When an armed protester arrived waving a transgender-friendly flag, a militia member accused him of being a pedophile. A few Proud Boys also jeered at him at first, then decided he was on their side. Tempers flared when different groups converged, but they never came to blows.
“Proud Boys go home!” a Boogaloo Boi shouted at one point.
“Say it to my face!” a Proud Boy yelled back.
Police watched from a distance and didn’t intervene.
A few in the crowd wore Make America Great Again hats, but many more said they didn’t support Trump, including Mike Dunn, a libertarian local leader of the Boogaloo Bois. Dunn, 20, said he attended the rally in defiance of the local ordinance passed by the City Council and backed by the state Legislature last year barring armed protests.
“It’s my Capitol,” he said.
He wasn’t deterred by federal officials investigating Boogaloo Bois and warning they might target state capitals after the Jan. 6 storming of the U.S. Capitol: “They’ve been going after us for years,” Dunn said as he stood with fellow Boogaloo Bois wearing camouflage, a Hawaiian print mask and toting a rifle.
He said he wasn’t afraid of police standing nearby either, despite signs around downtown warning that openly carrying guns was prohibited by law.
“They will not arrest us,” Dunn said. He was right.
During a brief appearance at the rally, the leader of the Virginia Citizens Defense League said he had no problem with Boogaloo Bois and Proud Boys joining the rally.
“They have a right to be here,” Philip Van Cleave said.
Van Cleave was troubled by new gun control laws like the Richmond gun-free protest ordinance and said it was time to send a message: “Give us our rights back.”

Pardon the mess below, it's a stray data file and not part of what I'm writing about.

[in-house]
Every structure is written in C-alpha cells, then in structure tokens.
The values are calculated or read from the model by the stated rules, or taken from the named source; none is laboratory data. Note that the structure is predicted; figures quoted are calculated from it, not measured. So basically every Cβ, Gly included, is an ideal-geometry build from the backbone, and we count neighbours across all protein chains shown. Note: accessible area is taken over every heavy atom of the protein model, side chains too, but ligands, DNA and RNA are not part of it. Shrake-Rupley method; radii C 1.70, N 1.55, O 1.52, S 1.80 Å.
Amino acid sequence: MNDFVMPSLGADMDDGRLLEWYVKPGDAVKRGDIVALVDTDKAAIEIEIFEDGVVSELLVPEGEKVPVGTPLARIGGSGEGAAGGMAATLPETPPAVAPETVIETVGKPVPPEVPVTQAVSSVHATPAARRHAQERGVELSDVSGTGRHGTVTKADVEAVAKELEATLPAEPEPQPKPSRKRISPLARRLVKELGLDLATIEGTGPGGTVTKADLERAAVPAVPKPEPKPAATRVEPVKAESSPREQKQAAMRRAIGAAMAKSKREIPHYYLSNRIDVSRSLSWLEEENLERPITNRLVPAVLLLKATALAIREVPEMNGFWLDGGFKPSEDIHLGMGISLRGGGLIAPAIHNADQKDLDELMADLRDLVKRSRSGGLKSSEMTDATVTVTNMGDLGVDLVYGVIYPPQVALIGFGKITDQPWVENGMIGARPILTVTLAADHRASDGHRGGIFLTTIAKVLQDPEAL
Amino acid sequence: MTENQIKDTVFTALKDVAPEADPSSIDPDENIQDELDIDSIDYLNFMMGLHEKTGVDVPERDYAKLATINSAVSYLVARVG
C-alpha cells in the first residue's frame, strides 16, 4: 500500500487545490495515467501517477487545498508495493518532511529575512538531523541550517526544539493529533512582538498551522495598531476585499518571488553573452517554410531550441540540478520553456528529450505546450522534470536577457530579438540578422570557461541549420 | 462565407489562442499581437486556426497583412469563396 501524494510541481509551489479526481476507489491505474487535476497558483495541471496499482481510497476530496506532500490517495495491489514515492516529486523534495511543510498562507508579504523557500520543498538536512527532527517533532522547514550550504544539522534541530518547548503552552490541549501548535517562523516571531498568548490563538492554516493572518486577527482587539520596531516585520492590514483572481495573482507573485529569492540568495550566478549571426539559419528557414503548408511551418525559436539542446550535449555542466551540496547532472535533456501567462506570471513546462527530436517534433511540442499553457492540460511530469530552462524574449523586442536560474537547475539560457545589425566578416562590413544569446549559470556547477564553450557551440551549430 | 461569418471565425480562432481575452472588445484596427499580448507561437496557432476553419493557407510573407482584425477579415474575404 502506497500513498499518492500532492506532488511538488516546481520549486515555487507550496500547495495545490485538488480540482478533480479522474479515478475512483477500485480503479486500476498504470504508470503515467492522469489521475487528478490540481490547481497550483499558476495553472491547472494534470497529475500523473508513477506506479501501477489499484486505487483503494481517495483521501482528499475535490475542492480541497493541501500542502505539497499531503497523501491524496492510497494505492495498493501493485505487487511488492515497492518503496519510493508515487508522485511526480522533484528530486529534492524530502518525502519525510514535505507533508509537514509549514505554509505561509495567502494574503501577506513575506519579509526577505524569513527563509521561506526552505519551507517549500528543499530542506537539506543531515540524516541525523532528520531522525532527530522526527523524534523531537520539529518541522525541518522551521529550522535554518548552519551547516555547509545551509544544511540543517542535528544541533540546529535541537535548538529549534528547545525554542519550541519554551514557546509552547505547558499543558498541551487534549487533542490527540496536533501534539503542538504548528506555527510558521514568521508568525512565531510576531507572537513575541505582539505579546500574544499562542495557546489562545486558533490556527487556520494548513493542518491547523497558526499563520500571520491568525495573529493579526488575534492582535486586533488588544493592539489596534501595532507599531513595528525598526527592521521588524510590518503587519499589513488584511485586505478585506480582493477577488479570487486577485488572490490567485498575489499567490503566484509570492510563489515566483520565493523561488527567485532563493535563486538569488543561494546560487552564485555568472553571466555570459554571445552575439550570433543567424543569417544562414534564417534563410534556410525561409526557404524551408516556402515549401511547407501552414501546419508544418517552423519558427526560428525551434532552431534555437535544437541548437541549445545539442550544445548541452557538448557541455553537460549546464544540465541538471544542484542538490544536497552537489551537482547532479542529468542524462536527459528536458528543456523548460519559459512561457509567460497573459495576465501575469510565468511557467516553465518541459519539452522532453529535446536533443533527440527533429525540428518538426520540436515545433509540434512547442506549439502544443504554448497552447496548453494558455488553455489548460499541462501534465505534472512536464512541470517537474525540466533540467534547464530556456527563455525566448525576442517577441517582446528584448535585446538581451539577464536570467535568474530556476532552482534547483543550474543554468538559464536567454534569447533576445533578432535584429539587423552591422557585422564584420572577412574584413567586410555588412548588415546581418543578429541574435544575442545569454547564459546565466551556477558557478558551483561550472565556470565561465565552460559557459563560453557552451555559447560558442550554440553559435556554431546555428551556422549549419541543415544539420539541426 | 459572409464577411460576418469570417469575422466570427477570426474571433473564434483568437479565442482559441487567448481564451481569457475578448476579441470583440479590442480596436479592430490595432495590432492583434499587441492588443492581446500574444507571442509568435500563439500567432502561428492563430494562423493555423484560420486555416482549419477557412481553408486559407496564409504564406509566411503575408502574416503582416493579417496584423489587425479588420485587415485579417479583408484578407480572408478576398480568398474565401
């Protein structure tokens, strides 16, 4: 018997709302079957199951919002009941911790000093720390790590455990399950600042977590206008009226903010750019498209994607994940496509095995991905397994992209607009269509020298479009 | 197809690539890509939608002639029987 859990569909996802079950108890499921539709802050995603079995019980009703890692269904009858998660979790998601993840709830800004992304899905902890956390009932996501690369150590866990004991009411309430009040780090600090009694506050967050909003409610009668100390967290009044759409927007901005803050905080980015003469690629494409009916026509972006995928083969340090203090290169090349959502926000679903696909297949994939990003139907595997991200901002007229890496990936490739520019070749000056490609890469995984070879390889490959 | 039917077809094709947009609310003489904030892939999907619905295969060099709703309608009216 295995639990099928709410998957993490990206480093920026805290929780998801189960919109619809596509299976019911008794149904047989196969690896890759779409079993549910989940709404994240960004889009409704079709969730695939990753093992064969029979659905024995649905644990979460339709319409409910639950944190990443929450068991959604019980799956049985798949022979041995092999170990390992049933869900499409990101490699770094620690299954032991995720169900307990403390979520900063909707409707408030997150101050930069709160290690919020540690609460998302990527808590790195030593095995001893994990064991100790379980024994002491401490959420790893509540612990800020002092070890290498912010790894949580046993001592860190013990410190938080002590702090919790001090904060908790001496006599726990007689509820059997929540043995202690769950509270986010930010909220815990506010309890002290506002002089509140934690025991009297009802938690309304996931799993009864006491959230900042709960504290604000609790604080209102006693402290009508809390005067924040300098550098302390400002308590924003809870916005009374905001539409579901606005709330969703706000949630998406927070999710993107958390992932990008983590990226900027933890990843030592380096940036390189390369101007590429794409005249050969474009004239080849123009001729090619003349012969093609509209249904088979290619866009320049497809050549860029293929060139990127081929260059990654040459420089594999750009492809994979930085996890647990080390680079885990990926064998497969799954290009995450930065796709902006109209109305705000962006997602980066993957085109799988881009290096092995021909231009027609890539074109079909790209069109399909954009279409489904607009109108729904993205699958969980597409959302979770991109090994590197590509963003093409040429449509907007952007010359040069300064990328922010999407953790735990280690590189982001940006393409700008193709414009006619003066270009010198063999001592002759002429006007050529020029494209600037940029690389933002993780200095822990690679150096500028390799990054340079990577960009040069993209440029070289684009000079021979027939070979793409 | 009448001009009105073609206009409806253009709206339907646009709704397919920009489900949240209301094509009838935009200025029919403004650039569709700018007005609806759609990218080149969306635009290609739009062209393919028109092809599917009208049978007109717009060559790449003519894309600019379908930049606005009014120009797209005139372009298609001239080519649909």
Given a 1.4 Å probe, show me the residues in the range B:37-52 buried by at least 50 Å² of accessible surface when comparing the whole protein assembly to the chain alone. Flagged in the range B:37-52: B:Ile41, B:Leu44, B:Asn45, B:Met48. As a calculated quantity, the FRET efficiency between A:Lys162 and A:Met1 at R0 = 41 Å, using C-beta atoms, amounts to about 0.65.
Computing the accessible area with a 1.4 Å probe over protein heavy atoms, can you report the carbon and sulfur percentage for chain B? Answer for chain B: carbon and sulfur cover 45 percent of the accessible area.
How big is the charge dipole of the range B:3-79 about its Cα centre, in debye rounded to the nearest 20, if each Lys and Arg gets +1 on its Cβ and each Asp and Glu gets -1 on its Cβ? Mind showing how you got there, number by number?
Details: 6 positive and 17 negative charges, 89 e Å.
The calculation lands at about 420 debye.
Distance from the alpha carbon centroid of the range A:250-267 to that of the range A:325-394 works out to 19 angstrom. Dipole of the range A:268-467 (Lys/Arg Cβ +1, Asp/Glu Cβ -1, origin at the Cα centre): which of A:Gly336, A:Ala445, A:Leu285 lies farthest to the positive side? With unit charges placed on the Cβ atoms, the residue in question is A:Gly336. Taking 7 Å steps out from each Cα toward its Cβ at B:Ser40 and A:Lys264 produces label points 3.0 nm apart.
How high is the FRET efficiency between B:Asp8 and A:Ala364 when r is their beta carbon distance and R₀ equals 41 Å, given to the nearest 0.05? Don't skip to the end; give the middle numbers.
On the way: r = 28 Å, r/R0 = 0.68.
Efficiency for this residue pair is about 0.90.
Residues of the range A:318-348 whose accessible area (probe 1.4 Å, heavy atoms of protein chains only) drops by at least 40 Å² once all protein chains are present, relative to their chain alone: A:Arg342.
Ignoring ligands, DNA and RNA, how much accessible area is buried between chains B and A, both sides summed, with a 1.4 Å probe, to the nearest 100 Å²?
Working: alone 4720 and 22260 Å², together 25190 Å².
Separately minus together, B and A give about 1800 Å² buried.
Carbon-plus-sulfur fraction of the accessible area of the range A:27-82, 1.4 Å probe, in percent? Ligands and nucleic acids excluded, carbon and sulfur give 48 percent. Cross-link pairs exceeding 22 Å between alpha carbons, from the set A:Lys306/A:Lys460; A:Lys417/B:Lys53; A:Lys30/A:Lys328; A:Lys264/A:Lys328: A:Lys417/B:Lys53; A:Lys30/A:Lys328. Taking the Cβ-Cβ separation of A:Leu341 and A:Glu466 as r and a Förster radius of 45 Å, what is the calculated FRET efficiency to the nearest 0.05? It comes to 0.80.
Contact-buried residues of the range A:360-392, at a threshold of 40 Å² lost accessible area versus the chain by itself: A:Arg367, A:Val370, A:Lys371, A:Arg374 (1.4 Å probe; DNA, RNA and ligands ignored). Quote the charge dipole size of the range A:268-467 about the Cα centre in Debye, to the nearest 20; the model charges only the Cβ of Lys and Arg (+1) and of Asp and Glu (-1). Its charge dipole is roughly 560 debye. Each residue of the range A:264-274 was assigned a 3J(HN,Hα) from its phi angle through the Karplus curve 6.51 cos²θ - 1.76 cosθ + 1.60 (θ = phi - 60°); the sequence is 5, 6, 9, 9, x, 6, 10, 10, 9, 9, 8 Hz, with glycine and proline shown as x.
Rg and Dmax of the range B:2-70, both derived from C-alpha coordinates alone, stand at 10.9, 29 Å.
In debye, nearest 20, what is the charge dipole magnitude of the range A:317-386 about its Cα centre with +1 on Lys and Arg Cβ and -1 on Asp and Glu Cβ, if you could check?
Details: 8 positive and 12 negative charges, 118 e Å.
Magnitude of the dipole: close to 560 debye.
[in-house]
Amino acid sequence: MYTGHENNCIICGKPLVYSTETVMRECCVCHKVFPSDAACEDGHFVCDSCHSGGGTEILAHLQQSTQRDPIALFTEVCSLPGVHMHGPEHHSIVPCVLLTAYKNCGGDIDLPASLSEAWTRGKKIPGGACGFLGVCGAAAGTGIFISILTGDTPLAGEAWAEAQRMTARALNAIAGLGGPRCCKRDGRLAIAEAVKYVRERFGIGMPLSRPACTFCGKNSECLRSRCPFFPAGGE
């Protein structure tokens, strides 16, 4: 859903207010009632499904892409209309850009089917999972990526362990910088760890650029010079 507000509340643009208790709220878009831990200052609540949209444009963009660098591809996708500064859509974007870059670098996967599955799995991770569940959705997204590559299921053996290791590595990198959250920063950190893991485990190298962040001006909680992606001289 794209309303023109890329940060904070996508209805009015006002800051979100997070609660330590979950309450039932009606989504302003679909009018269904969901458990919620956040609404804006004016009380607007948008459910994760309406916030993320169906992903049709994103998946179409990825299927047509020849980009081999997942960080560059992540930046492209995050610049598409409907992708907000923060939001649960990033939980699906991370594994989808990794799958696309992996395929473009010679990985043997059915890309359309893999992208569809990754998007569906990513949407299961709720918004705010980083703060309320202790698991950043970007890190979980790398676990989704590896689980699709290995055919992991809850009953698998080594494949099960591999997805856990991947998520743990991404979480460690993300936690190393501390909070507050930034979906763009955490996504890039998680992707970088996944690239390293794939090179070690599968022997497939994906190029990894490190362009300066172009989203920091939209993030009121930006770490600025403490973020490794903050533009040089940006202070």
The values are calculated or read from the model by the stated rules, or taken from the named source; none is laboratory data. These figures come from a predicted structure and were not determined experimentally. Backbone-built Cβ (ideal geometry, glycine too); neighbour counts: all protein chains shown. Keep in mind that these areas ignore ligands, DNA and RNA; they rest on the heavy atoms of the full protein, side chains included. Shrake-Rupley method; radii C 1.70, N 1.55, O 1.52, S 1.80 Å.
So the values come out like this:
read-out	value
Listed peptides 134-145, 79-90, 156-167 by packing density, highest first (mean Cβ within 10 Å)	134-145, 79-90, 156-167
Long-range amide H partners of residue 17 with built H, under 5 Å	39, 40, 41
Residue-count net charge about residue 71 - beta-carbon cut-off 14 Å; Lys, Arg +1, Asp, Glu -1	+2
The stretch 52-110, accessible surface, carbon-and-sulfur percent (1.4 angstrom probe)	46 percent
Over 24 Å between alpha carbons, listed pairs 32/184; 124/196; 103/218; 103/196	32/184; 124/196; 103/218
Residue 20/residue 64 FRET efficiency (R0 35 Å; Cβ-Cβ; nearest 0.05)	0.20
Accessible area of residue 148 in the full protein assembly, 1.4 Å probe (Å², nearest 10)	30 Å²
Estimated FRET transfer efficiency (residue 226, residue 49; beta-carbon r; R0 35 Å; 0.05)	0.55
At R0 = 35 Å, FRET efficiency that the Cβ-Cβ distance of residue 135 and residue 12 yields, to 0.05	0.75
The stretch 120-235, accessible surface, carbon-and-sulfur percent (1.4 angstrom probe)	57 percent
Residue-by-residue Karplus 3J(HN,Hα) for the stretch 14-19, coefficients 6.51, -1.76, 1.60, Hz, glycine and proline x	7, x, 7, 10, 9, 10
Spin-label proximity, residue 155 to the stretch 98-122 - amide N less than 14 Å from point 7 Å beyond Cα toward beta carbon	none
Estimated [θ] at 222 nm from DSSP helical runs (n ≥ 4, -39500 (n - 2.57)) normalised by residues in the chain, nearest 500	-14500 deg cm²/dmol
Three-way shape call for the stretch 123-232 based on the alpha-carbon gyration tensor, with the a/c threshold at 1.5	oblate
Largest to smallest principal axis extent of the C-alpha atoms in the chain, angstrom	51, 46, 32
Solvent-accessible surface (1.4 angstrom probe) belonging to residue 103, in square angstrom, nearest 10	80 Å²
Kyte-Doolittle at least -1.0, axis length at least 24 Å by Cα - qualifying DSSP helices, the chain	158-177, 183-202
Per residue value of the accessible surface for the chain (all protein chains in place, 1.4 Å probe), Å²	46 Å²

Dunn agreed, but said Van Cleave’s lobbying group wasn’t doing enough to challenge such laws.
“All we do is get tread on,” Dunn shouted to Van Cleave. “They have not solved the issue. The only solution is armed revolt!”
But Dunn made no move to confront police standing a few feet away. Michael Fouche, a member of the Virginia Citizens Defense League, stared at Dunn and scoffed.
“Nice speech,” muttered Fouche, 54, a remodeling contractor. “Would have meant more if you went to the other side of the barricades.”
After the rally, a local right-wing activist urged gun rights supporters to converge on a nearby monument to Confederate General Robert E. Lee, a Virginia native, in the city’s historic Fan District. Black Lives Matter activists had occupied the monument since last summer, transforming it into a memorial to those killed by police.
Police blocked the streets surrounding the monument, now covered in graffiti. They stopped a Black man who, according to witnesses, was openly carrying a handgun in a gun-free zone. The law states the weapon should have been concealed. Black Lives Matter supporters, several of them armed, complained police were selectively enforcing gun laws, allowing right-wing activists to threaten them.
“It’s been like that,” said Kyra, 30, who asked to be identified only by her first name. “We’re not going anywhere.”
This story originally appeared in Los Angeles Times.